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To Plan A Trip

March 2024
1min read


Start at the Woodstock Chamber of Commerce and Arts ( www.woodstockchamber.com ) and the
Woodstock Guild ( www.woodstockguild.org ). The heart of town, a half-mile of Tinker Street, is home to shops, galleries, restaurants, and many establishments offering yoga classes.Oddly, for such a tourist-heavy destination, there aren’t many places in town to stay. Not in the mood for a bed-and-breakfast, I chose the Woodstock Inn on the Millstream. Despite its rather grand name, it’s a vintage 1950s motel with some up-to-date flourishes (like air conditioning), set on a very pleasant wooded 14 acres. There is a swimming hole in the back yard, and it’s an easy five-minute walk to town. It was good not to have to drive onto Tinker Street, which gets seriously crowded on weekends. By Monday a relative peace had descended, and on Tuesday I noticed that many shops and galleries were closed, as their owners took a day of rest before visitors began to reappear in numbers toward the end of the week.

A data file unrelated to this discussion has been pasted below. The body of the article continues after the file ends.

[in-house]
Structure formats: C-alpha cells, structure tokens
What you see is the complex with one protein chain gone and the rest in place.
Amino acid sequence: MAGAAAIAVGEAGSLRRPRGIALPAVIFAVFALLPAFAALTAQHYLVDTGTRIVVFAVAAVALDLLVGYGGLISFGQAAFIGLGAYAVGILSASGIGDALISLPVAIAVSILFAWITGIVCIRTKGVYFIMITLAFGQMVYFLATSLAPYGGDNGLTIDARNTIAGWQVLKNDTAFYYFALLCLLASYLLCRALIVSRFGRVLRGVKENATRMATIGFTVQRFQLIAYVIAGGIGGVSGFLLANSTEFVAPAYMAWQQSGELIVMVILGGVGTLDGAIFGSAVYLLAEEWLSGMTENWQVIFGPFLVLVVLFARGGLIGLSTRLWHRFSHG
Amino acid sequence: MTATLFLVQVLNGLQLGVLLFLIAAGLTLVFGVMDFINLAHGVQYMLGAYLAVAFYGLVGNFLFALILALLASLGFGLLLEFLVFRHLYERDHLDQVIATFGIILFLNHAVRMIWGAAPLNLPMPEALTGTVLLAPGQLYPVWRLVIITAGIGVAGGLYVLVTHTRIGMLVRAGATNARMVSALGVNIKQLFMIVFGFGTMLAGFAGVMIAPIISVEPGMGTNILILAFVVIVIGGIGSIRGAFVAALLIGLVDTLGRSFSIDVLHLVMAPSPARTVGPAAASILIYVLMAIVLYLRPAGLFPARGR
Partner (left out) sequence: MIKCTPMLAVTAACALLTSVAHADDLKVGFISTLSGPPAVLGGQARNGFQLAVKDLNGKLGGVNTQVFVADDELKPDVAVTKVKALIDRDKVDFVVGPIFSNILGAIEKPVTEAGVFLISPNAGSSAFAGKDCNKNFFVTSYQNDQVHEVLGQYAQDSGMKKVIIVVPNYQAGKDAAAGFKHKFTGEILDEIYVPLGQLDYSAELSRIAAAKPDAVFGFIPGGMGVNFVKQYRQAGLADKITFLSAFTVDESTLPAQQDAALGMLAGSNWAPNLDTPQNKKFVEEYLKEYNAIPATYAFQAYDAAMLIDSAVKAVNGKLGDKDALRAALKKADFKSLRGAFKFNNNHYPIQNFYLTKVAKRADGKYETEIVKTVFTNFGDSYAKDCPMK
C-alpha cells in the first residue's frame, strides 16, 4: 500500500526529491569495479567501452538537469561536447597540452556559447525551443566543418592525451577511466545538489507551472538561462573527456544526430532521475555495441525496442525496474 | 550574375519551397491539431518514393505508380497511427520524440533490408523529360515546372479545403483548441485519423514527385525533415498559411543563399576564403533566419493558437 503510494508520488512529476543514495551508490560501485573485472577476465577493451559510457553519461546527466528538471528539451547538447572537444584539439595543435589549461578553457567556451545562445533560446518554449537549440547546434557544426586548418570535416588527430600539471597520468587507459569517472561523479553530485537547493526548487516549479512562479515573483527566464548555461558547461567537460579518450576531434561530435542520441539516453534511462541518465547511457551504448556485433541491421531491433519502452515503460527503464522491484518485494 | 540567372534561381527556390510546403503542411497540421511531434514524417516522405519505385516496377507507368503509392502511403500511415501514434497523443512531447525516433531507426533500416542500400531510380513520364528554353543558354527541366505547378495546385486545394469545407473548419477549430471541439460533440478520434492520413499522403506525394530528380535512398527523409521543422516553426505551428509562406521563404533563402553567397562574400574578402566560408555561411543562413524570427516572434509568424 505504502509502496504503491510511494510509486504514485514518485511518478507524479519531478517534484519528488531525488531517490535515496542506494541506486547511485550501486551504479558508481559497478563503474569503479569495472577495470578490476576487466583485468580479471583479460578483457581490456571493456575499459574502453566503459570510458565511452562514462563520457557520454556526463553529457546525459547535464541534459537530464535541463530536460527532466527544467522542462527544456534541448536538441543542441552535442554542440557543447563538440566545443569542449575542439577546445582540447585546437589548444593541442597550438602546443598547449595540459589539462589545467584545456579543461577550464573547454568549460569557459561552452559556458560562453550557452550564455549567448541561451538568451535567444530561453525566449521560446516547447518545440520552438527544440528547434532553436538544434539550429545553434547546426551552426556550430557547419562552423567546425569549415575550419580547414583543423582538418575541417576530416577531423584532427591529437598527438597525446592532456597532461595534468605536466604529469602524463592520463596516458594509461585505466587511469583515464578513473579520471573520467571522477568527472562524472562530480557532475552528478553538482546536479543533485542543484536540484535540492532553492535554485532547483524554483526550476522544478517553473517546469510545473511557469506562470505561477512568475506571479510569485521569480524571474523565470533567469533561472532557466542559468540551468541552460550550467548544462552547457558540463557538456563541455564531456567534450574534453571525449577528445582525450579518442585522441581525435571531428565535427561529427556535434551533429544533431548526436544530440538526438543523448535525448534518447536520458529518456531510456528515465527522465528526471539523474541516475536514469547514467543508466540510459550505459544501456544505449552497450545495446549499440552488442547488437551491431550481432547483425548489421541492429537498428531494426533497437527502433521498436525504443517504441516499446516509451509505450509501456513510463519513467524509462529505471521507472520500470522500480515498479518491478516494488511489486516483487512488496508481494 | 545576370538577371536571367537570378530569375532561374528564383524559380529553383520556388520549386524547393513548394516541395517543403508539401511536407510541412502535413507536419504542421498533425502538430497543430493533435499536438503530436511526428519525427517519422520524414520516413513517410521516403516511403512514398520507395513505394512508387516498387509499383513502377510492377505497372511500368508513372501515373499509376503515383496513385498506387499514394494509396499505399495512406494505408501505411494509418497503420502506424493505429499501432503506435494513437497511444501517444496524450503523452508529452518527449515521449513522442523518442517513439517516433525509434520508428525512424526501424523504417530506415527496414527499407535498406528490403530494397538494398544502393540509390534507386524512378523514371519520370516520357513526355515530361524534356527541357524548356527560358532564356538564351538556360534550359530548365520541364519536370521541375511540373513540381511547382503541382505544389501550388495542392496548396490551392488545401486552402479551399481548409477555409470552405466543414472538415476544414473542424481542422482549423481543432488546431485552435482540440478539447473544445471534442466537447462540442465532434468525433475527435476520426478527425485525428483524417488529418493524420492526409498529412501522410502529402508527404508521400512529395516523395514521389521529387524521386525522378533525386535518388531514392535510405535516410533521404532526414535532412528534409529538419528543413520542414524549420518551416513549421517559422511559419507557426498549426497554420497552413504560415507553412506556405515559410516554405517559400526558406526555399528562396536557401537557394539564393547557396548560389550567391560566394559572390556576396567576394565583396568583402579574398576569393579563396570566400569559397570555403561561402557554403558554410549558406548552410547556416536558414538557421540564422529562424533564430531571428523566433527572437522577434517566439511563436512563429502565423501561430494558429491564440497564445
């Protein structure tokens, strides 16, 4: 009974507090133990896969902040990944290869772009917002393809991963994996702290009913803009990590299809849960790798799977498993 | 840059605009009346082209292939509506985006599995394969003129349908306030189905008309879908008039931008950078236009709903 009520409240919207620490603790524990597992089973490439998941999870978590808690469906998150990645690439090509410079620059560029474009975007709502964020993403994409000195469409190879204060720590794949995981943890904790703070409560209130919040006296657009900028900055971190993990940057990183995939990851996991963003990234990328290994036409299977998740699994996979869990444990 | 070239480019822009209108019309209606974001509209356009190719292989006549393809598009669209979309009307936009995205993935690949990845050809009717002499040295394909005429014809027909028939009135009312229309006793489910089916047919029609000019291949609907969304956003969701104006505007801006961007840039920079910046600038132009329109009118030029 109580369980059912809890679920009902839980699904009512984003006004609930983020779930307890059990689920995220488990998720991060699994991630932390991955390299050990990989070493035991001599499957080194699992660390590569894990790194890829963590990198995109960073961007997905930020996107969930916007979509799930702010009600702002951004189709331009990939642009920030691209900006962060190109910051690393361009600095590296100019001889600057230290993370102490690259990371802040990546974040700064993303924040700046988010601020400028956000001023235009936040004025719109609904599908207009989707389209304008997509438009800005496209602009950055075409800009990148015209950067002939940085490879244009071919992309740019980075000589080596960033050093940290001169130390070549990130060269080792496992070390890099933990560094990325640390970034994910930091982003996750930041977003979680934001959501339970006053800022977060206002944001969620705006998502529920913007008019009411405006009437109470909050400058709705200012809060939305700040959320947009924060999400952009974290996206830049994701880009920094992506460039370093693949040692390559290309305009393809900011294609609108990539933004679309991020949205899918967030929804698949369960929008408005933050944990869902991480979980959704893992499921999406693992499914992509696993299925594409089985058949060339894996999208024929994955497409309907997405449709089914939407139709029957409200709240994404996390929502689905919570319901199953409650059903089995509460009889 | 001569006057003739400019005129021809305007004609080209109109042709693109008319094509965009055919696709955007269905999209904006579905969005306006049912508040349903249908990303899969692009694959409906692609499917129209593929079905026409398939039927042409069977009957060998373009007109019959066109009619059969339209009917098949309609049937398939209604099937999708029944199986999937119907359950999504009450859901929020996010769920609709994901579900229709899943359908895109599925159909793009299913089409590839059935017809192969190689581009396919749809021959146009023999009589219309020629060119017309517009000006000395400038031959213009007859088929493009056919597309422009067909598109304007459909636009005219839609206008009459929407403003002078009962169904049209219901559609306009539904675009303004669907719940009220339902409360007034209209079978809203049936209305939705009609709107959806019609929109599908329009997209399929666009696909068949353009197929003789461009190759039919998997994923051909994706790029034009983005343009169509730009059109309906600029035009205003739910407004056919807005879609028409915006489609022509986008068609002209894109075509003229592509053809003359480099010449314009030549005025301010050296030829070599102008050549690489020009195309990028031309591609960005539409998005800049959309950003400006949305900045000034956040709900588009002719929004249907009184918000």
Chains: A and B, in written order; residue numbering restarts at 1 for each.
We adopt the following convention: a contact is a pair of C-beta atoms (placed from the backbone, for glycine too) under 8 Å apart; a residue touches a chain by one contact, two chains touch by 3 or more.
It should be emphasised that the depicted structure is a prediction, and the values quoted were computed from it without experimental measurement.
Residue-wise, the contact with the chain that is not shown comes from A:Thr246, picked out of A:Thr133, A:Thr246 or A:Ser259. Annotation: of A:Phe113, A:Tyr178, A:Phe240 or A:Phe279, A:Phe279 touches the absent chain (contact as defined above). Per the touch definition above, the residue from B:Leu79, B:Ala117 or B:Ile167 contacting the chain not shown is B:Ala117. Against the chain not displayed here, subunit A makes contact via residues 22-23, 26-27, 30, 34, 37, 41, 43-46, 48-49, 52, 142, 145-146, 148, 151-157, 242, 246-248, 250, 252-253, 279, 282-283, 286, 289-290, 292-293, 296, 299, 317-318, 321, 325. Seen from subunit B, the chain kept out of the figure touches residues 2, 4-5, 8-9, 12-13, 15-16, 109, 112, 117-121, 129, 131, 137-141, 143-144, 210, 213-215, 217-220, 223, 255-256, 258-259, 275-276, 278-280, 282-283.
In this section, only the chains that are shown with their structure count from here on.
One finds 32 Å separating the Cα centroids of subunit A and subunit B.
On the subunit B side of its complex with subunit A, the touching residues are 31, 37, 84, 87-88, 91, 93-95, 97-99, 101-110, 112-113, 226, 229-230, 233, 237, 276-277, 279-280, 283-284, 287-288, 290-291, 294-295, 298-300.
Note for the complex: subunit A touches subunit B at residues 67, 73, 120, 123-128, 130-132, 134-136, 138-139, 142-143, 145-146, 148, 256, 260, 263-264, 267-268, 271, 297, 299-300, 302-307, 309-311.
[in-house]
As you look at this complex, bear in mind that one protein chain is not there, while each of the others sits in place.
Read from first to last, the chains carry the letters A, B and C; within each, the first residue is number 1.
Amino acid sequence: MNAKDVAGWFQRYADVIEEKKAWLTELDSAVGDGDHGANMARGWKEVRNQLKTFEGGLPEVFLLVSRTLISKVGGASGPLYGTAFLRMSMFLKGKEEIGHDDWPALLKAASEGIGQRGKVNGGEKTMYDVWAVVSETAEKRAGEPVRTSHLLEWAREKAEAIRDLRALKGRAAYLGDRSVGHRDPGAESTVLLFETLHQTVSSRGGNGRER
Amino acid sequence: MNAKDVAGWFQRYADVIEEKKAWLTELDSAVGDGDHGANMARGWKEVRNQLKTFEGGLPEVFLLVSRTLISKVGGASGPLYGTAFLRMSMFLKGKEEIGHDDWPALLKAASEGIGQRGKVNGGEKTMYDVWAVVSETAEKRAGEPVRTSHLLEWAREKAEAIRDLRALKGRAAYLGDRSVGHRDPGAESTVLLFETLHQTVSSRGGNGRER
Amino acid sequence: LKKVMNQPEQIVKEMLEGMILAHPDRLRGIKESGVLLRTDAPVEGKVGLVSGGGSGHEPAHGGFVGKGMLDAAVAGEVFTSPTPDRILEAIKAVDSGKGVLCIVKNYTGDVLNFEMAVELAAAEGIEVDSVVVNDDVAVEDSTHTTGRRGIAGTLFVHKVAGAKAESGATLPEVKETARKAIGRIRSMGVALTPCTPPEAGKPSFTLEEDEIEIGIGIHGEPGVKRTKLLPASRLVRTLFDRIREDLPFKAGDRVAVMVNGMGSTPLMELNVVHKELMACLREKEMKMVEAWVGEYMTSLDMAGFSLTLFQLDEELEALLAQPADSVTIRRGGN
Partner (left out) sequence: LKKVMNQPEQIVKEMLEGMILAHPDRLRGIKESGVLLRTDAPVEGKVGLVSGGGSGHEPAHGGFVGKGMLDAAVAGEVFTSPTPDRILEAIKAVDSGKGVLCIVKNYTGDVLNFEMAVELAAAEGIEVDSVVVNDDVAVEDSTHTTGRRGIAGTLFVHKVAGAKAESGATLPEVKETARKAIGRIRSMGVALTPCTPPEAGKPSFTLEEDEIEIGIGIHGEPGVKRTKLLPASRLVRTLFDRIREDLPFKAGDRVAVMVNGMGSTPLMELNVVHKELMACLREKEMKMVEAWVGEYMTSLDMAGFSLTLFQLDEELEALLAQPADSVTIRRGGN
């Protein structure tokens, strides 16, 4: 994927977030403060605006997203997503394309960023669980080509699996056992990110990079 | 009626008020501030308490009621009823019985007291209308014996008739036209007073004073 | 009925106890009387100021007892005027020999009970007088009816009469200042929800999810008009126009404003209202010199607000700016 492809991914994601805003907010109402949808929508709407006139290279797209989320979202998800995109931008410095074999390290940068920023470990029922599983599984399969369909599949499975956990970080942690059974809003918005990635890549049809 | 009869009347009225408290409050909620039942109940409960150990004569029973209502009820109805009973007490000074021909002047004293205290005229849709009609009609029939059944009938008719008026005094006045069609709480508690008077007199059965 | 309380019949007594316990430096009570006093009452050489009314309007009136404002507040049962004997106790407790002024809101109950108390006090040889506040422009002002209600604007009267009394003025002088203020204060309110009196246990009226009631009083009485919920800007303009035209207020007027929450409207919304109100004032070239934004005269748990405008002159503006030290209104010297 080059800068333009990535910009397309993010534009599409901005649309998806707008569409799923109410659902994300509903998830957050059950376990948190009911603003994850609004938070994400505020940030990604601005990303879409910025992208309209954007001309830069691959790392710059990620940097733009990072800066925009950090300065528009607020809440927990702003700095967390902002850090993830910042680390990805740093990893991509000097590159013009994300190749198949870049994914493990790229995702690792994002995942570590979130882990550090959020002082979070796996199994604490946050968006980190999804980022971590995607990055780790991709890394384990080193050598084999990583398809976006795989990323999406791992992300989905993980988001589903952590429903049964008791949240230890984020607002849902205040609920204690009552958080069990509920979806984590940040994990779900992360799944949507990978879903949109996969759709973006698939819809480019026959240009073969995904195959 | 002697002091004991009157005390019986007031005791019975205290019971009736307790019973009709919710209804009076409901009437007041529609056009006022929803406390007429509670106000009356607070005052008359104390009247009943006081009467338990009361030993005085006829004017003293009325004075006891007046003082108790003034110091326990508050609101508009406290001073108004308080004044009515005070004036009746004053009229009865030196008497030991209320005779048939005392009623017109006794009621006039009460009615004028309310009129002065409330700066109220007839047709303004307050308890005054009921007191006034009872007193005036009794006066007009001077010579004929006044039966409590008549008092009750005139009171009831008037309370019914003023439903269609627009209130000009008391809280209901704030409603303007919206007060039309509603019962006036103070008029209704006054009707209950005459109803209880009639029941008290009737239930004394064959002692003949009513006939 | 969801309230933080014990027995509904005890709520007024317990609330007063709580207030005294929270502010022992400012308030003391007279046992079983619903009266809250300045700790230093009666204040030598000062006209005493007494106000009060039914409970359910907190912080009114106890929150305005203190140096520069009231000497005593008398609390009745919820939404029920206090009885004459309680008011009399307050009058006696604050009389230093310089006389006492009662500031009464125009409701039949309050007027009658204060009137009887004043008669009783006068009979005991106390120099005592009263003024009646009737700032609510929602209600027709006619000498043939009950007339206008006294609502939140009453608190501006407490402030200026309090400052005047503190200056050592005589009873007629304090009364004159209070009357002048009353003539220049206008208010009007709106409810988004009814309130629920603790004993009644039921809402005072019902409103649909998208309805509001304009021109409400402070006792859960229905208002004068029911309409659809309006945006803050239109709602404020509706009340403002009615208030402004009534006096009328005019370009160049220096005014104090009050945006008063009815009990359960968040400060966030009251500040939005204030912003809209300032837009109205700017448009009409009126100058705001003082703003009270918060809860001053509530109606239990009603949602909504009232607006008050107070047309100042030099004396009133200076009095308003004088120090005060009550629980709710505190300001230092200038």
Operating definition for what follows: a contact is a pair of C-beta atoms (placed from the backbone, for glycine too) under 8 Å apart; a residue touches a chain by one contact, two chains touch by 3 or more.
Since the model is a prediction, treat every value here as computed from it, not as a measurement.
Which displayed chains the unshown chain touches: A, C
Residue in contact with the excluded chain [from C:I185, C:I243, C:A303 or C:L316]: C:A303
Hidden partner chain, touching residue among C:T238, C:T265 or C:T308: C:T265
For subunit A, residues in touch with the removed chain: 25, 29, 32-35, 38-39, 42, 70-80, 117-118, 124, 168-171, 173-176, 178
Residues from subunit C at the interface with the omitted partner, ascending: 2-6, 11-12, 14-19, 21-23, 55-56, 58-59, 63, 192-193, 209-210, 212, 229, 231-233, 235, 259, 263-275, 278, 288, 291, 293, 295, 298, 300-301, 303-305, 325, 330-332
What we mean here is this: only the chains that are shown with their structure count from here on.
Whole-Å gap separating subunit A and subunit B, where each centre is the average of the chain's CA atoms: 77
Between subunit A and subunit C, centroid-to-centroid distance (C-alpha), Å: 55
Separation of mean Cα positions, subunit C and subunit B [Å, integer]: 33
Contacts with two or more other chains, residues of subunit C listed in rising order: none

When you travel to Woodstock, save time for other towns nearby, all of which, it seems, pride themselves on not being Woodstock. These include Phoenicia, a hamlet famous for its trout fishing and tubing on the Esopus Creek, and Saugerties, with its nice old red-brick downtown, a richly stocked bookstore that isn’t part of a chain, and a couple of ambitious restaurants. Best of all is Kingston, a small city on the Hudson that briefly, in 1777, served as the first state capital. It began as a Dutch trading post in 1614 and today still has two dozen Dutch-built stone houses of the seventeenth and eighteenth centuries, one of the nation’s largest collections. Kingston was the terminus of the Delaware and Hudson Canal, completed in 1829, making it a center of waterborne commerce until the railroads shut down the canal in 1898. In 1996 the city was designated by Congress as part of the Hudson River Valley National Heritage Area, and a walk around its many fascinating neighborhoods—residential, commercial, and waterfront—shows how much care and funding have recently gone into preserving this long past. It’s summed up in a sign down by the harbor: “Welcome to Kingston: We’ve saved everything for you.”

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